Systematic theologies are invaluable resources for the church. They are as varied as the authors who write them and some are more beneficial than others. The preponderance of systematic theologies are written by individuals within a denominational/theological tradition. While there are many books on specific topics written by various contributors, this is not the case with systematic theologies. So it is unique and a bit refreshing when a systematic theology does comes along that breaks the individual author mold.
One of these few contributions is A Theology for the Church, Revised Edition edited by Daniel L. Akin. First published in 2007, the revised edition has new chapters on theological method from a missional perspective by Bruce Ashford and Keith Whitfield and a theology of creation, providence, and Sabbath by Chad Owen Brad which engages current research in science and philosophy. Additionally, the chapters on special revelation by David Dockery and human nature by John Hammett have been updated.
A Theology for the Church follows the standard outline of systematic theology starting with the doctrine of revelation and concluding with the doctrine of the end times. Each chapter approaches these doctrines through a fourfold pattern: (1) What does the Bible say? (2) What has the church believed? (3) How does it all fit together? and (4) How does this doctrine impact the church today?
In addressing What does the Bible Say? the authors approach their work by walking through the unfolding of Scripture (Genesis to Revelation) and so so in a variety of ways. Some chapters (natural revelation and person of Christ) walk through specific passages of Scripture to answer this question. Others (special revelation, human nature, and the church) address the doctrine topically while supporting it with Scripture, much like most systematic theologies are written. Still others employ these methods and more. In the chapter on the doctrine of God Timothy George explores the nature of God by looking at His attributes and names as revealed in Scripture. In R. Stanton Norman’s chapter on human sinfulness he looks at the various terms in Scripture used to describe the nature of man and the chapter on eschatology breaks it down between the testaments.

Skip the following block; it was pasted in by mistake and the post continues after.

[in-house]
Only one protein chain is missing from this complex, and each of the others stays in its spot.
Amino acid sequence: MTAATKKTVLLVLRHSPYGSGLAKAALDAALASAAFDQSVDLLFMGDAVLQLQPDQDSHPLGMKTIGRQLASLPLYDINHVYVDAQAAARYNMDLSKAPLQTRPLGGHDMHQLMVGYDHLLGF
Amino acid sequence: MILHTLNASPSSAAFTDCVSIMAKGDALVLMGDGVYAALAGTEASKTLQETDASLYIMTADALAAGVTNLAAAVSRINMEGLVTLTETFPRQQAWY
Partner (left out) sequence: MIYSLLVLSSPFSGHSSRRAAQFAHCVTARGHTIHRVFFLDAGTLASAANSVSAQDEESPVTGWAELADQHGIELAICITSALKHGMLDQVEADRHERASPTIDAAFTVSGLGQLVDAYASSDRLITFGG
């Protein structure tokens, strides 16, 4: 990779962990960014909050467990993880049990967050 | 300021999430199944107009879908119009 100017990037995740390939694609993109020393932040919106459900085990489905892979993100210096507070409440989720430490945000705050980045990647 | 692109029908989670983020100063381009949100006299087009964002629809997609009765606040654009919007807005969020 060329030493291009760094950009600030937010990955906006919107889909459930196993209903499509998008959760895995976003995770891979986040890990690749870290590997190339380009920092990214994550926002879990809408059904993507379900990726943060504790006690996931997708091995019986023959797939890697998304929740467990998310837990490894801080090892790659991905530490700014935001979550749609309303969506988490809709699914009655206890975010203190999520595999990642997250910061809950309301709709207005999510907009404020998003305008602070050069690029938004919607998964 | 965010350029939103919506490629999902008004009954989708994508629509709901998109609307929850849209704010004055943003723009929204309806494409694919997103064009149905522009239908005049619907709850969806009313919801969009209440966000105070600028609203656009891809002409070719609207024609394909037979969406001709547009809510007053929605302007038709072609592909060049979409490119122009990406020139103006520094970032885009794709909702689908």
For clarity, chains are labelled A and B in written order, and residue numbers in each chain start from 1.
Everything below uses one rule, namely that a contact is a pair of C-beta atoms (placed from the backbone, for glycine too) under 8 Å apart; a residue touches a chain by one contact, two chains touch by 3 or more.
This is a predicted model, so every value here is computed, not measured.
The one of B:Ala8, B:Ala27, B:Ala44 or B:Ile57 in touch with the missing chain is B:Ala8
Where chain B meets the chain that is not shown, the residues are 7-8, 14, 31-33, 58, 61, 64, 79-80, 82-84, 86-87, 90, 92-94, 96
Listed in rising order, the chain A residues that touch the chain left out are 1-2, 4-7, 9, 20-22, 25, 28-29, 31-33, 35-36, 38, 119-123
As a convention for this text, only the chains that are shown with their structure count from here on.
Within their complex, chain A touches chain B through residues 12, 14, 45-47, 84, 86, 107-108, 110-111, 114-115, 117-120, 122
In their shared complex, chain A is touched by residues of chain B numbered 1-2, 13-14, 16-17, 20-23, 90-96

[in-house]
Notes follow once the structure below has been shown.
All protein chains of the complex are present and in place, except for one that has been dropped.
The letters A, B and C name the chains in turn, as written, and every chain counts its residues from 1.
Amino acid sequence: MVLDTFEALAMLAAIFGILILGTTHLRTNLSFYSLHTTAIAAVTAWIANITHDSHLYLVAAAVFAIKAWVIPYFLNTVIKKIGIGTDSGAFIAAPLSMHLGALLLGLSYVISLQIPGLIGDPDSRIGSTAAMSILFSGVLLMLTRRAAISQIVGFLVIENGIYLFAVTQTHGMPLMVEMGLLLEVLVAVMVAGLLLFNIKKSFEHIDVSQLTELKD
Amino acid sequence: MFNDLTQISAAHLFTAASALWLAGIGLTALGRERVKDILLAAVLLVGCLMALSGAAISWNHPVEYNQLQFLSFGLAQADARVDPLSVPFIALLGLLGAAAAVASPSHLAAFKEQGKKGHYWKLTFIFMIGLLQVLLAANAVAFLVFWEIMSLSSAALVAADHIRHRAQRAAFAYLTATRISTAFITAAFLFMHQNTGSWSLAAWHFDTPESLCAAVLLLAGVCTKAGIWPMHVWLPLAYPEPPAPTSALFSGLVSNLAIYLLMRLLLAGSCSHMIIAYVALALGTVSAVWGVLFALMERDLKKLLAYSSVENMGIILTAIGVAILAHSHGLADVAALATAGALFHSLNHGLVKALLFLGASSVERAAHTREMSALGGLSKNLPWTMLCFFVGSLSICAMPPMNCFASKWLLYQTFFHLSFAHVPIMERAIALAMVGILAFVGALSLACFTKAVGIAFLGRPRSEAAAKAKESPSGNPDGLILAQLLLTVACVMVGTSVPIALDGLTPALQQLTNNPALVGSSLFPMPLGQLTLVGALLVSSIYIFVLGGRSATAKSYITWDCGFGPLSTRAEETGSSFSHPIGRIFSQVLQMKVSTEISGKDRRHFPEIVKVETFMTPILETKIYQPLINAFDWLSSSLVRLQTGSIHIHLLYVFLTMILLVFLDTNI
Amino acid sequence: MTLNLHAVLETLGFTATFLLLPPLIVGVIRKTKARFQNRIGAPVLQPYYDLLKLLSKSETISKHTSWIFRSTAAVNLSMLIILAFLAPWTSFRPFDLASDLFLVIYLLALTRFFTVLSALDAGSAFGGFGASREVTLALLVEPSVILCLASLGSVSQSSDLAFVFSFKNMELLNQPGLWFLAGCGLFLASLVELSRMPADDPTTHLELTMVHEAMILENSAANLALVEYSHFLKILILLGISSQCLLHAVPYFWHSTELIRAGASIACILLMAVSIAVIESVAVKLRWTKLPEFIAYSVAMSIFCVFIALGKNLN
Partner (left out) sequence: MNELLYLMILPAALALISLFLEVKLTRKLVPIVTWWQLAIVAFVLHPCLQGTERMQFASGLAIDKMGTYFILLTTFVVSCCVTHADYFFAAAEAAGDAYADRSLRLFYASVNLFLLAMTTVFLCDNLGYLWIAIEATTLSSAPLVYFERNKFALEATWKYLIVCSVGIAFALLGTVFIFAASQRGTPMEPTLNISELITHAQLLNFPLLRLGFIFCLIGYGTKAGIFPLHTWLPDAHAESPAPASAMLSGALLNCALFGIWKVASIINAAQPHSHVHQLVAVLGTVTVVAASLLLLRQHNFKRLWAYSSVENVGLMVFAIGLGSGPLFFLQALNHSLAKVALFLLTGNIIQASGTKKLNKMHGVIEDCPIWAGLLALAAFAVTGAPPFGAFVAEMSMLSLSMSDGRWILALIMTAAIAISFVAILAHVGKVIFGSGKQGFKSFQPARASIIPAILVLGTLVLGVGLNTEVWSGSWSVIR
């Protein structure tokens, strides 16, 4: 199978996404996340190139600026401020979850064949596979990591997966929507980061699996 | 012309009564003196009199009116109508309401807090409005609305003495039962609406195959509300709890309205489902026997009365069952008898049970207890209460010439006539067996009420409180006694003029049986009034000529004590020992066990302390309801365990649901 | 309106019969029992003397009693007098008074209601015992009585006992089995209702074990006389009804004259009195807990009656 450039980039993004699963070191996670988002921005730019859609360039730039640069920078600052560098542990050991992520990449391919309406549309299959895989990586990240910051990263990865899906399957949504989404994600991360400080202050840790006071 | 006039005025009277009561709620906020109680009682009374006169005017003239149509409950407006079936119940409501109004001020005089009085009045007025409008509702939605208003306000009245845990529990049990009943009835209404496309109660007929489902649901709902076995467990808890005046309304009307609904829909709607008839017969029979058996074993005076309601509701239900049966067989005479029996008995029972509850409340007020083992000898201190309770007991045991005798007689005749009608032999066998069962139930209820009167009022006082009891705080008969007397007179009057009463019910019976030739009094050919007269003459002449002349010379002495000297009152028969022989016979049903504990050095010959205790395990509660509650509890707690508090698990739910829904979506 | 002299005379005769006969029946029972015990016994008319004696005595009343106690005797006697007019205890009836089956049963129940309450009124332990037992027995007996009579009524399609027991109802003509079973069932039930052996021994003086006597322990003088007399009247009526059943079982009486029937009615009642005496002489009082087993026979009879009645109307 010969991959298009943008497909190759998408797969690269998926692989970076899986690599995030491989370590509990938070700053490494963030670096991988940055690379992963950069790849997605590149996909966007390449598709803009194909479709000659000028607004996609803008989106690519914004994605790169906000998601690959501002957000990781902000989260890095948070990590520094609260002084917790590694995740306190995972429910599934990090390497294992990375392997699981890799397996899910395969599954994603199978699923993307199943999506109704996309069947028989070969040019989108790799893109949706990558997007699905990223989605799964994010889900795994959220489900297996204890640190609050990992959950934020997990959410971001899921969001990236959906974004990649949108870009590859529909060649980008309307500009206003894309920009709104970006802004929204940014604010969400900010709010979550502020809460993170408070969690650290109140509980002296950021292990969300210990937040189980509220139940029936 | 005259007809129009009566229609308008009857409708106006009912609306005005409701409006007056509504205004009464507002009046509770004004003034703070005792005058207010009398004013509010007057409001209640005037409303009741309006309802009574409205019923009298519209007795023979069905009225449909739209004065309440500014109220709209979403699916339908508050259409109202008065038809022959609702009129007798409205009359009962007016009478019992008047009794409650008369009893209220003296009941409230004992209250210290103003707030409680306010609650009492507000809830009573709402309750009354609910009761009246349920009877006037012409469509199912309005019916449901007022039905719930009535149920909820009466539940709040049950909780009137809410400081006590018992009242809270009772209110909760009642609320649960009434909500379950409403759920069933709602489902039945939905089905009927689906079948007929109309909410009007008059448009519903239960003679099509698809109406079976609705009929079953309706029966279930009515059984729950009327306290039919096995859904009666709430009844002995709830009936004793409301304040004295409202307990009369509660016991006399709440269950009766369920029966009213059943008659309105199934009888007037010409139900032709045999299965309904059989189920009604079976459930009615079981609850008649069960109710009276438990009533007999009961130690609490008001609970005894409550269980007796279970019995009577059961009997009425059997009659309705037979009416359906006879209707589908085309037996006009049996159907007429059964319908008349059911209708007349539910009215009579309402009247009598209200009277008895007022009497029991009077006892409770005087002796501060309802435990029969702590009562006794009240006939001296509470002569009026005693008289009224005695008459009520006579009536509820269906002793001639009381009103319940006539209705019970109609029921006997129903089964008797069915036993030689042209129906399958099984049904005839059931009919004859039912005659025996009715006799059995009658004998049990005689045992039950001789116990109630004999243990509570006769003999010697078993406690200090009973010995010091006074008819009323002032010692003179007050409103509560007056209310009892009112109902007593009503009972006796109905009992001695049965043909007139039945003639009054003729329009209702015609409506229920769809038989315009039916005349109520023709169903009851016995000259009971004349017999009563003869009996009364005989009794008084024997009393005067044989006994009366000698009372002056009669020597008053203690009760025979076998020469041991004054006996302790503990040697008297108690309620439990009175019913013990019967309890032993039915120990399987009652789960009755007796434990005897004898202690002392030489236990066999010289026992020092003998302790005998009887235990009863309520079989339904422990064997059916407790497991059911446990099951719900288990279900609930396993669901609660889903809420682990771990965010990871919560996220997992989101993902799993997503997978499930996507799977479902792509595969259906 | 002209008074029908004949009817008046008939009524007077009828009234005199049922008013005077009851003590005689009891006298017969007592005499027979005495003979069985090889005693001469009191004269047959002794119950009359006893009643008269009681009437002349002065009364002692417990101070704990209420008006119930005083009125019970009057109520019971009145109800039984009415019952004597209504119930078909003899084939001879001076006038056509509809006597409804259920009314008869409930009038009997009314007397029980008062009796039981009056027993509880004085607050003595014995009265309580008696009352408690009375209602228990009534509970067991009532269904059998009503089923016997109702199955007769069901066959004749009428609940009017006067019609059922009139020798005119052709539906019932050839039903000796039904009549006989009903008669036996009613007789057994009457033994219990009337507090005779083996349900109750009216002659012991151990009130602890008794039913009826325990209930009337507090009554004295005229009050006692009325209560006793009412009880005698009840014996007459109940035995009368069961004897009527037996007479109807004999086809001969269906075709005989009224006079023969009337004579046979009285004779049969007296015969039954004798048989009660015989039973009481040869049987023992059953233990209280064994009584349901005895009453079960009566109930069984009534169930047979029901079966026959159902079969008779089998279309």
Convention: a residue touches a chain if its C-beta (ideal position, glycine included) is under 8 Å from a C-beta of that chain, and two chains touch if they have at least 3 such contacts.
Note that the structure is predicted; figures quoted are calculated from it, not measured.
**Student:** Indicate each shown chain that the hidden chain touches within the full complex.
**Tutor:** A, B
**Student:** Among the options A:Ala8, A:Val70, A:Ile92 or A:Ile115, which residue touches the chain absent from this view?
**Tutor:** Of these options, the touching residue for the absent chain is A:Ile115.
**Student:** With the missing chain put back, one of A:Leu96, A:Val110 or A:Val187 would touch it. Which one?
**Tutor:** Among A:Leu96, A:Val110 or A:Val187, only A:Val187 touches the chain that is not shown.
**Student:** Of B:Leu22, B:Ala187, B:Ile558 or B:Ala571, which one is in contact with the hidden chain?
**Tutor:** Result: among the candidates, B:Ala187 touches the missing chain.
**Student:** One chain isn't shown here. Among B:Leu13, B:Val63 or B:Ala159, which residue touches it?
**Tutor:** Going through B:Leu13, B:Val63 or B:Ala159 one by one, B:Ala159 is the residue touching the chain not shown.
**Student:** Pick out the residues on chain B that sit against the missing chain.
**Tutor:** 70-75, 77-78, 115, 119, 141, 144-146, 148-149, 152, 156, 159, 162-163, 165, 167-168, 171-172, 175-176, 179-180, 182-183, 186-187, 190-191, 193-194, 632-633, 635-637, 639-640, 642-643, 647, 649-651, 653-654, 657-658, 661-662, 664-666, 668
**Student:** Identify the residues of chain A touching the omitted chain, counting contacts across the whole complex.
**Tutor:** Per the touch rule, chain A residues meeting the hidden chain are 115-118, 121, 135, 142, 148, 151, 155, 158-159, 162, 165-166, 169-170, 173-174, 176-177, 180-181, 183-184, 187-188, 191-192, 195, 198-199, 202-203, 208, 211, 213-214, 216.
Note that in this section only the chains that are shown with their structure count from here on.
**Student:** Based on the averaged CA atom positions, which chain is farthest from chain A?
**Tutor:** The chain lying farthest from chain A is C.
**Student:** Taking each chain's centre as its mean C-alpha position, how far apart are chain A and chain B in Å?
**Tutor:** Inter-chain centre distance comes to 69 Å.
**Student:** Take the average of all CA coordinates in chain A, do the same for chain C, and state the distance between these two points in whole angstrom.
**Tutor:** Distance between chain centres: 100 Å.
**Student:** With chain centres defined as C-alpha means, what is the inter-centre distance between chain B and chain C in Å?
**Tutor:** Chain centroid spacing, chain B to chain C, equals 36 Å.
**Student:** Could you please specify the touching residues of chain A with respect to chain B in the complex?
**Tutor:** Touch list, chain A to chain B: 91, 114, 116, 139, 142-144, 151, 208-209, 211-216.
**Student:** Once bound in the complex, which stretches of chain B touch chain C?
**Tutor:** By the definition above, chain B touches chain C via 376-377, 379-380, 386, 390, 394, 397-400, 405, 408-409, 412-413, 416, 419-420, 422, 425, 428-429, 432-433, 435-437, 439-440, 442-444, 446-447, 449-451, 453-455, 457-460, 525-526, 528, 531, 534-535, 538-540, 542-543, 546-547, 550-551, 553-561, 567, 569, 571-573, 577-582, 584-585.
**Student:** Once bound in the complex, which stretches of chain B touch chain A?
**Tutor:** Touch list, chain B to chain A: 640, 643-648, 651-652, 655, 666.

What marks the first section of the chapters is a clear desire to be faithful to the text of Scripture. The original languages and context are considered exegetically. The relationship between the testaments are mentioned where applicable. The contributors are not seeking to carve out their own names but are focused on declaring “Thus says the Lord” on every doctrine.
Following the first section is the section on What has the church believed? in which the authors provide a brief 30,000 foot view from the sky outline of how the church, in different denominations, eras, and significant theologians, has understood these doctrines. Most of the chapters provide a summary of thought from the Patristic, Medival, Reformation, and Modern periods. Some chapters (like natural and special revelation, angels, and eschatology) have an additional section on the Baptist understanding in history. Further, some chapters are much more expansive in their historical treatment such as the chapter on natural revelation which presents the theology of individuals and eras.